I would ask you Sir, where was your support for Christians when Muslims desecrated the graveyard in St. Johns Church, Longsight, Manchester by destroying all the gravestones to make way for a mosque car park. The silence of the media and the Church on this issue, has been absolutely deafening.

By your appeasement and support for Islam you are feeding a hungry lion and when there is no more food to give it, it will turn on you, as can be seen in how Coptics are treated in their own cities in Egypt, a once Christian country. Not only are Muslims taken over our Churches they now want to invade our graveyards and the Church is sitting back and not only saying nothing but encouraging such actions.

It is an absolute disgrace and a very sad day for Christians in this once Christian country

20100608-bishopalan-canard-hatredI have to point out to him that I didn’t actually say what he thinks I did. This isn’t a churchyard so it’s none of my business who is buried there. But then my eye is caught by his tale of St John’s Longsight, which I had never heard of before, not being a recipient of Manchester BNP publicity. A video has been posted on the Internet of what I believe is called hard nogging being used as substrate for a carpark, with the strong implication that it is made up of Christian gravestones. This is the message my friend in the north West received, that Muslims have been “destroying all the gravestones to make way for a Mosque car park.”

Trouble is, the gravestones are still there. Indeed, you can see them here. The basic answer to my friend’s question (“where was my support for Christians…?) is that the whole story was a canard, a fiction designed to whip up inter-religious hatred. My correspondent, good and decent man that he is, bought the lie. The Daily Telegraph story in its sexed up form catalysed a response in him, and so the panjandrum of fear, suspicion and hatred gathers momentum.

20100608-bishopalan-canardninth-280I had to remind him, as the Christian he professes to be, that the Ninth Commandment is a Christian value. He does not care to admit that he bore false witness, although he patently did, and he goes on to suggest “the bottom line is not about this or any other story put out by the British press.”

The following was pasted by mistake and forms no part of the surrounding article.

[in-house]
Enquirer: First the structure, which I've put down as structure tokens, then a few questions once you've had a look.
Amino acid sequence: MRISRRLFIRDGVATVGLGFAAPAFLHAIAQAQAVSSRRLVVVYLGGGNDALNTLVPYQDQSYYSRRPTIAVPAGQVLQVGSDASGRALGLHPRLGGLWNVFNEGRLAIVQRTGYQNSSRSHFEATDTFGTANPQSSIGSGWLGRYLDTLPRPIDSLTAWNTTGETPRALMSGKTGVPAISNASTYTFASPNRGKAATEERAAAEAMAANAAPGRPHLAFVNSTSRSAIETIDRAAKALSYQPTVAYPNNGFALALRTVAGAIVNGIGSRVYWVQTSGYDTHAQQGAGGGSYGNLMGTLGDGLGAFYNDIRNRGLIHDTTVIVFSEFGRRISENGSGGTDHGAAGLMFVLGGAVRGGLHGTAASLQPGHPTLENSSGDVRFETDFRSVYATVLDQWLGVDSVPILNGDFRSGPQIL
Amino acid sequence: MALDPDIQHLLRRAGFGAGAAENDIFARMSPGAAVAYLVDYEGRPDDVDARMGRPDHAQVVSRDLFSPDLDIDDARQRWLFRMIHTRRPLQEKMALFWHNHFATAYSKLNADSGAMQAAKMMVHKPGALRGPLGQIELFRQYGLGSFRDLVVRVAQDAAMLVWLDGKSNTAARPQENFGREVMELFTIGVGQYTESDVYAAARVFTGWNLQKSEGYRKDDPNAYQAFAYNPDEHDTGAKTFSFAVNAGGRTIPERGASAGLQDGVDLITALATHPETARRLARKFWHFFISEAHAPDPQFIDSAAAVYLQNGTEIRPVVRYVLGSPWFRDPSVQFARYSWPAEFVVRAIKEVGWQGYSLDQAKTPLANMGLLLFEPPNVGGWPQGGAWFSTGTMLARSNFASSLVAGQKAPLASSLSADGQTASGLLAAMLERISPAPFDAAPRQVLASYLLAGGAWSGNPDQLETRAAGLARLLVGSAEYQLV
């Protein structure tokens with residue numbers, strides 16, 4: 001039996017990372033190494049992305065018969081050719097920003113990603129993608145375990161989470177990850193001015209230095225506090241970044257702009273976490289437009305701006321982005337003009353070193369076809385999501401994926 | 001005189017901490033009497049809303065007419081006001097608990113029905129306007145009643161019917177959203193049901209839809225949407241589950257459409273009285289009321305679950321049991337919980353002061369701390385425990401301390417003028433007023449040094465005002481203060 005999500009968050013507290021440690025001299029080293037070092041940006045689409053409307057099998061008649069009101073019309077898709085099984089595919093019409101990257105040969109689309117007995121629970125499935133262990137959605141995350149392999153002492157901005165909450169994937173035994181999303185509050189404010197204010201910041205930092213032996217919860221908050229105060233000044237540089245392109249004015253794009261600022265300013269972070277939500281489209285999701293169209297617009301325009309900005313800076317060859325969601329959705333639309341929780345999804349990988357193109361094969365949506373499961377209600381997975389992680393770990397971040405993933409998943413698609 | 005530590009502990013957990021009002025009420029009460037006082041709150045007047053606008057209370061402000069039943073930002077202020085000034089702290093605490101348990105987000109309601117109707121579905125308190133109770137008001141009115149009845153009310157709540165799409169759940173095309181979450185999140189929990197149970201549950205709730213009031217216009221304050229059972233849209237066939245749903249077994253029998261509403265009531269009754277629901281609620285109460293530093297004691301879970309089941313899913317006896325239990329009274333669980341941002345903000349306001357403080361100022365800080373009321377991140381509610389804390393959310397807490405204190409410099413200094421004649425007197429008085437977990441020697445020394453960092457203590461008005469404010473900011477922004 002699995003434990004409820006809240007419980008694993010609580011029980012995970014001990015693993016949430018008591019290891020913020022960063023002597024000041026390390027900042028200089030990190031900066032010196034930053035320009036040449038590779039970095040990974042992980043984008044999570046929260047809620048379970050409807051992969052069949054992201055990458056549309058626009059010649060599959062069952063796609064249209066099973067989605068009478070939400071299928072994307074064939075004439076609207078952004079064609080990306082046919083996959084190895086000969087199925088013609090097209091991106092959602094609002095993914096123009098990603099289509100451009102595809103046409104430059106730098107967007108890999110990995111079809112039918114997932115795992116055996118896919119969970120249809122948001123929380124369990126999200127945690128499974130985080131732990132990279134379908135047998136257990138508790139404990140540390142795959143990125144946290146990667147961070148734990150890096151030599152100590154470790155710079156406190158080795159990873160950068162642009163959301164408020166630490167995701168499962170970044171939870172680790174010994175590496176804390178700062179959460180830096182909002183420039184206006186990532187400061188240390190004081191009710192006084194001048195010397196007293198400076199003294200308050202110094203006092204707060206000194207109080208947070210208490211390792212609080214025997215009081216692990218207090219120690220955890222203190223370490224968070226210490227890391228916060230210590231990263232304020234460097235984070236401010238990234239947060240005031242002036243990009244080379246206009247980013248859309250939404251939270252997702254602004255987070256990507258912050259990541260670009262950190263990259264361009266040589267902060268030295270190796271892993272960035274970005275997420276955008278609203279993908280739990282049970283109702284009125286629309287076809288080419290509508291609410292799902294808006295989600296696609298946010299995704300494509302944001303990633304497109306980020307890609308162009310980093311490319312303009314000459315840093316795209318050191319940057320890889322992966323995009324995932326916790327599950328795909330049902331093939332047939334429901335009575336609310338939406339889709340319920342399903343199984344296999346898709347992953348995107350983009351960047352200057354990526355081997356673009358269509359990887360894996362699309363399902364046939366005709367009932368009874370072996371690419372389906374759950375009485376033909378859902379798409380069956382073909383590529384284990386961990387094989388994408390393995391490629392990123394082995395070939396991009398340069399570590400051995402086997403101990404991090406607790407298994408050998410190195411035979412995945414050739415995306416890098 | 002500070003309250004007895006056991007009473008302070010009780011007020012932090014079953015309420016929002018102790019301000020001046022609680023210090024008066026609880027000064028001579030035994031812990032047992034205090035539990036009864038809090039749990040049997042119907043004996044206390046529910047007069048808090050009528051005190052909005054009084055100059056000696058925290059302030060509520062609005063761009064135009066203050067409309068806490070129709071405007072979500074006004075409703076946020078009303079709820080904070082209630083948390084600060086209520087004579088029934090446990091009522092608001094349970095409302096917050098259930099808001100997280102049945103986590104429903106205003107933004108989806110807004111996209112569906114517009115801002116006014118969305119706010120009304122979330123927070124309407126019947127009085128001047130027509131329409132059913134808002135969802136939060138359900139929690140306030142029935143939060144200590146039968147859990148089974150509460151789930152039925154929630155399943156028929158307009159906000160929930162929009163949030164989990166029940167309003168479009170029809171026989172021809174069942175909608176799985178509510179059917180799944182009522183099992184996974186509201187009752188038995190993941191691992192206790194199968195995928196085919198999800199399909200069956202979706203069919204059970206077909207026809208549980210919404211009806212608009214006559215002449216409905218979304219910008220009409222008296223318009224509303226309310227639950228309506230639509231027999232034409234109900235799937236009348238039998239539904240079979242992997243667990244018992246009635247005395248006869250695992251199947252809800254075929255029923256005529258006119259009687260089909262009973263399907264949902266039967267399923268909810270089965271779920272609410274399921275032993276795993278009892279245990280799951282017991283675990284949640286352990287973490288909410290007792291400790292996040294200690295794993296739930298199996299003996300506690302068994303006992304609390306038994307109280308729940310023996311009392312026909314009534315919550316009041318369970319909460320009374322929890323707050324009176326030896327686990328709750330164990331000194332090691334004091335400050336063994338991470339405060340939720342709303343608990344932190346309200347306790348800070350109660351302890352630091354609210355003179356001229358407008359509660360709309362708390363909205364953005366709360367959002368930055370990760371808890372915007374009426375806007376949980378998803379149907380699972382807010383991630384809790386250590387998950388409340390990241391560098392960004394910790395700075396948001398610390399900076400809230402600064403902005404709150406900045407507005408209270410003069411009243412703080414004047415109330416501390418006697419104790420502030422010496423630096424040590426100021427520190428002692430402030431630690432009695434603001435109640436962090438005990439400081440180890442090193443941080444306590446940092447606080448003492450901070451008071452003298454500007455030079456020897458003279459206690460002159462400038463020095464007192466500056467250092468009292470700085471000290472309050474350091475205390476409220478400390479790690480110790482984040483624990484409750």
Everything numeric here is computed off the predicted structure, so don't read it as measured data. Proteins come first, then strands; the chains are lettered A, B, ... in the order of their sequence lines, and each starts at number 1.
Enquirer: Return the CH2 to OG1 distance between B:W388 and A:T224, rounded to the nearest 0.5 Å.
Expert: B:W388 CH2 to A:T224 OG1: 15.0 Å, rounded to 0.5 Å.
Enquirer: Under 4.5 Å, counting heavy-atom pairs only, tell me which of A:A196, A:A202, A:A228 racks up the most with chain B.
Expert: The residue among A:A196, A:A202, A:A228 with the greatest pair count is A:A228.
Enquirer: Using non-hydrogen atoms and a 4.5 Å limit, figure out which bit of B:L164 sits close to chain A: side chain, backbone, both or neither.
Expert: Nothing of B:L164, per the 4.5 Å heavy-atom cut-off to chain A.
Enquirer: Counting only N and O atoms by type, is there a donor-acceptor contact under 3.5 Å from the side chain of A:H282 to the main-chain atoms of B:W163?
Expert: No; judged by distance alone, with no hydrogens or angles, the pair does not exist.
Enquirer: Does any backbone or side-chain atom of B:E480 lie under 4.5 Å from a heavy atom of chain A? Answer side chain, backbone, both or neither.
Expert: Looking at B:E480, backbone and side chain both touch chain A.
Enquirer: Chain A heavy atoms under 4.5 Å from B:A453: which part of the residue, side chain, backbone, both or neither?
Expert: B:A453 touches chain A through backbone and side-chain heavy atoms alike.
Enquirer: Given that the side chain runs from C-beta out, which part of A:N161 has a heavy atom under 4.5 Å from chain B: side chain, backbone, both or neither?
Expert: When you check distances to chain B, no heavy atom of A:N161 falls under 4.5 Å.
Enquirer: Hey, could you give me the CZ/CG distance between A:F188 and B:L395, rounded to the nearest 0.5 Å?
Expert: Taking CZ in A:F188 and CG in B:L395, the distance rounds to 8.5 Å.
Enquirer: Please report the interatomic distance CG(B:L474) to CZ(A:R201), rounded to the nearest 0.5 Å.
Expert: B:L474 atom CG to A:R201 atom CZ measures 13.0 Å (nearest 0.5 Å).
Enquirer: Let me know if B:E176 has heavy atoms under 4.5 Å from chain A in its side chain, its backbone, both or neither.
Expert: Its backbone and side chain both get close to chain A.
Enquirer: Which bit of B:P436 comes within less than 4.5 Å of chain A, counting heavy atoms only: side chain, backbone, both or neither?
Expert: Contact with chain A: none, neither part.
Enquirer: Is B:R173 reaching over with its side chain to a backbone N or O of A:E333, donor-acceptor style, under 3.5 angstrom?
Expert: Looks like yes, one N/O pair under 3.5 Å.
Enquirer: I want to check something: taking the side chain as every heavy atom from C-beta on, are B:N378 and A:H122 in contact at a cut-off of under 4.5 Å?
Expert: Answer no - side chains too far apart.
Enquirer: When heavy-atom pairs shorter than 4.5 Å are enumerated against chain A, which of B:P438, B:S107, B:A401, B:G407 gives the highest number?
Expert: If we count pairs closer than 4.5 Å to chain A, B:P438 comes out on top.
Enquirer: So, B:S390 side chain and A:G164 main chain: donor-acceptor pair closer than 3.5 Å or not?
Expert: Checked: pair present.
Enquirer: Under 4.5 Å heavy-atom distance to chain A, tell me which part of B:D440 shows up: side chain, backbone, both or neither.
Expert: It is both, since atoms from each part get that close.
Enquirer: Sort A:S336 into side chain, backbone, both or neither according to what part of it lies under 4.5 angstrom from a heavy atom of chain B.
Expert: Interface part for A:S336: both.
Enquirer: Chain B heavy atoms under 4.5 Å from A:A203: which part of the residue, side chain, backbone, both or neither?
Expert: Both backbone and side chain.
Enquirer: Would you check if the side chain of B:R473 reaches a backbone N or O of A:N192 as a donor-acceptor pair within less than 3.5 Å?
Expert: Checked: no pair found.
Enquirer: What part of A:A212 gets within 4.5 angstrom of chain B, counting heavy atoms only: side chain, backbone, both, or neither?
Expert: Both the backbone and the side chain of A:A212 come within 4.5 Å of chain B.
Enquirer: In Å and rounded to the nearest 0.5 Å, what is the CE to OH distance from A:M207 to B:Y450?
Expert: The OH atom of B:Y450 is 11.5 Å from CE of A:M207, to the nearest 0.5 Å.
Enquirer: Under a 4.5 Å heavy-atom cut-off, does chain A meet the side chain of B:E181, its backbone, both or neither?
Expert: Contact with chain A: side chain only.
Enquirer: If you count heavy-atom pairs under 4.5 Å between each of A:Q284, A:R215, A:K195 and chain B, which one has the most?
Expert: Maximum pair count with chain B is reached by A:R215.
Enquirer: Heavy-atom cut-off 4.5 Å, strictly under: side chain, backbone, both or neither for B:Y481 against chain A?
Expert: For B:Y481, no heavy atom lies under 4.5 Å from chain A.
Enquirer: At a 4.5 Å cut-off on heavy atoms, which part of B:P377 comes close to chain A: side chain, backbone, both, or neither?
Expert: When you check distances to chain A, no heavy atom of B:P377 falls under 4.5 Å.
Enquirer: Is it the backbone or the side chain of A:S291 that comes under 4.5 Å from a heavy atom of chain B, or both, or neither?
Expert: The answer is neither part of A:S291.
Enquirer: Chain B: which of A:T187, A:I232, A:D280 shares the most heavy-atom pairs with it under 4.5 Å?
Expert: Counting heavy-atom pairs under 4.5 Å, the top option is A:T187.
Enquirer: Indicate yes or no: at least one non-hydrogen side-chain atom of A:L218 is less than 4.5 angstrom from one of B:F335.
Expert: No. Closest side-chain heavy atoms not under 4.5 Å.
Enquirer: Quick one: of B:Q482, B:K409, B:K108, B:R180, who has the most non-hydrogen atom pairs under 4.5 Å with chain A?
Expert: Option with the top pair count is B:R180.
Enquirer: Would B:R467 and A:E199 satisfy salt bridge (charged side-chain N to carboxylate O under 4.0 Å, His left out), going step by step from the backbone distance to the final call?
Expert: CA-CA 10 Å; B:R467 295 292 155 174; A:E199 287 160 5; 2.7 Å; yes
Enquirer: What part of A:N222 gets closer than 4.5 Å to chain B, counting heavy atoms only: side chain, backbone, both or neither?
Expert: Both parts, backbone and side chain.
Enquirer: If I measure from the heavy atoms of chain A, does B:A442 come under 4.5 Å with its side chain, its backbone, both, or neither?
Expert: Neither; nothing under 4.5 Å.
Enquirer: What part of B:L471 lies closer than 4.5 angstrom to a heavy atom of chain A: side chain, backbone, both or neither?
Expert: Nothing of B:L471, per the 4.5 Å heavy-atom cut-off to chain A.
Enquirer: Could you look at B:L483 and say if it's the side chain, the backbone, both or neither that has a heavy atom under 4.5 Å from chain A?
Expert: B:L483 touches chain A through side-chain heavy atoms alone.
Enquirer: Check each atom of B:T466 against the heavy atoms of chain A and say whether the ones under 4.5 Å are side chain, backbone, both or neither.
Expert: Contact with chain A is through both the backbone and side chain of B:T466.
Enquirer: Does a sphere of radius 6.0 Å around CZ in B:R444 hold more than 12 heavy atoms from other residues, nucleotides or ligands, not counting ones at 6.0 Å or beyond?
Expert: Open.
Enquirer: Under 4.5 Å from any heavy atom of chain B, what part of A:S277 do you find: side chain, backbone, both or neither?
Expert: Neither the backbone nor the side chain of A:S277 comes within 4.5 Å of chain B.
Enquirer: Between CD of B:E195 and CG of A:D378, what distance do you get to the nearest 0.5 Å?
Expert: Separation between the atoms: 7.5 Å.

Really?

June 06 2010

14:18

Political blogs and how people read them: Sunday Salon Webchat 8pm #onlinepolitics

Following on from last week’s experimental webchat about how different people make a small or a large income from their political blogs (debate starter, actual webchat), I am running another one this evening at 8pm.

There will be a Sunday Salon tomorrow (June 6th at 8pm), looking at different aspects of linking, promotion, how people read blogs and the interaction of blogs and Twitter.

The chat will be hosted at the Wardman Wire using CoverItLive. I will put out a few key points to Twitter using the hashtag #onlinepolitics, but the main debate will be on the blog.

As a discussion starter, this post includes a podcast interview (35 minutes) I recorded earlier this week with Dan Levy, who manages the UK website of Wikio.

We covered everything from the history of Wikio to how the rankings are compiled, how the Wikio service is used, and what developments will be happening in the future.

Any help in promoting the event is welcome. This will be the pattern:

  1. Article published to give a focus for the debate.
  2. Webchat on Sunday night 8pm-9pm.
  3. Publication of lightly edited script on the Wardman Wire, and circulation by email of a short analysis.

If you add a comment below I will email you with a reminder in future.

June 04 2010

07:50

Wikio Overall Blog Rankings for June 2010

The Wikio rankings are a measure of how much blogs are being “talked about” on other independent sites, and are produced by Wikio for a number of categories of blogs in Europe and North America, including politics, techology, culture and even Wine and Beer.

The Wikio ranking is measured by incoming editorial links (i.e., not blogrolls) from blogs registered with Wikio which appear in RSS feeds. To be clear (again), this is no measure of traffic. Links are weighted by time, prominence of the linking blog, and prominence of the link in the linking article.

There is also a toolkit, Wikio Labs, which allows you to dig down into the detail to the level of individual links.

This month I have advanced notice of the “Overall” rankings, which are below.

1 Iain Dale’s Diary (=) 2 Liberal Conspiracy (+1) 3 Guy Fawkes’ blog (-1) 4 ConservativeHome’s ToryDiary (=) 5 Liberal Democrat Voice (+1) 6 Left Foot Forward (-1) 7 A Spoon Full of Sugar (+1) 8 Cute Card Thursday (+4) 9 And another thing… (=) 10 Labourlist (-3) 11 Allsorts challenge blog (=) 12 Jason Cartwright (+17) 13 Sketch saturday (+13) 14 Charisma Cardz (+2) 15 Just Magnolia (+3) 16 Cupcake Craft Challenges (+3) 17 Saturday Challenge (+10) 18 UKPolling Report (-8) 19 Next Left (+5) 20 Creative Card Crew (=) 21 Papertake Weekly Challenge (+87) 22 Standard.co.uk – Paul Waugh (-1) 23 Harry’s Place (-6) 24 Dizzy Thinks (-9) 25 Old Holborn (-12) 26 EU Referendum (+2) 27 Stamping Ground (+27) 28 Nick Robinson’s Newslog (-14) 29 Penny Black Saturday Challenge (+22) 30 Mark Reckons (-7)

Ranking by Wikio

(Disclosure: I am the “Host” of the UK Wikio Politics rankings. The position is unpaid.)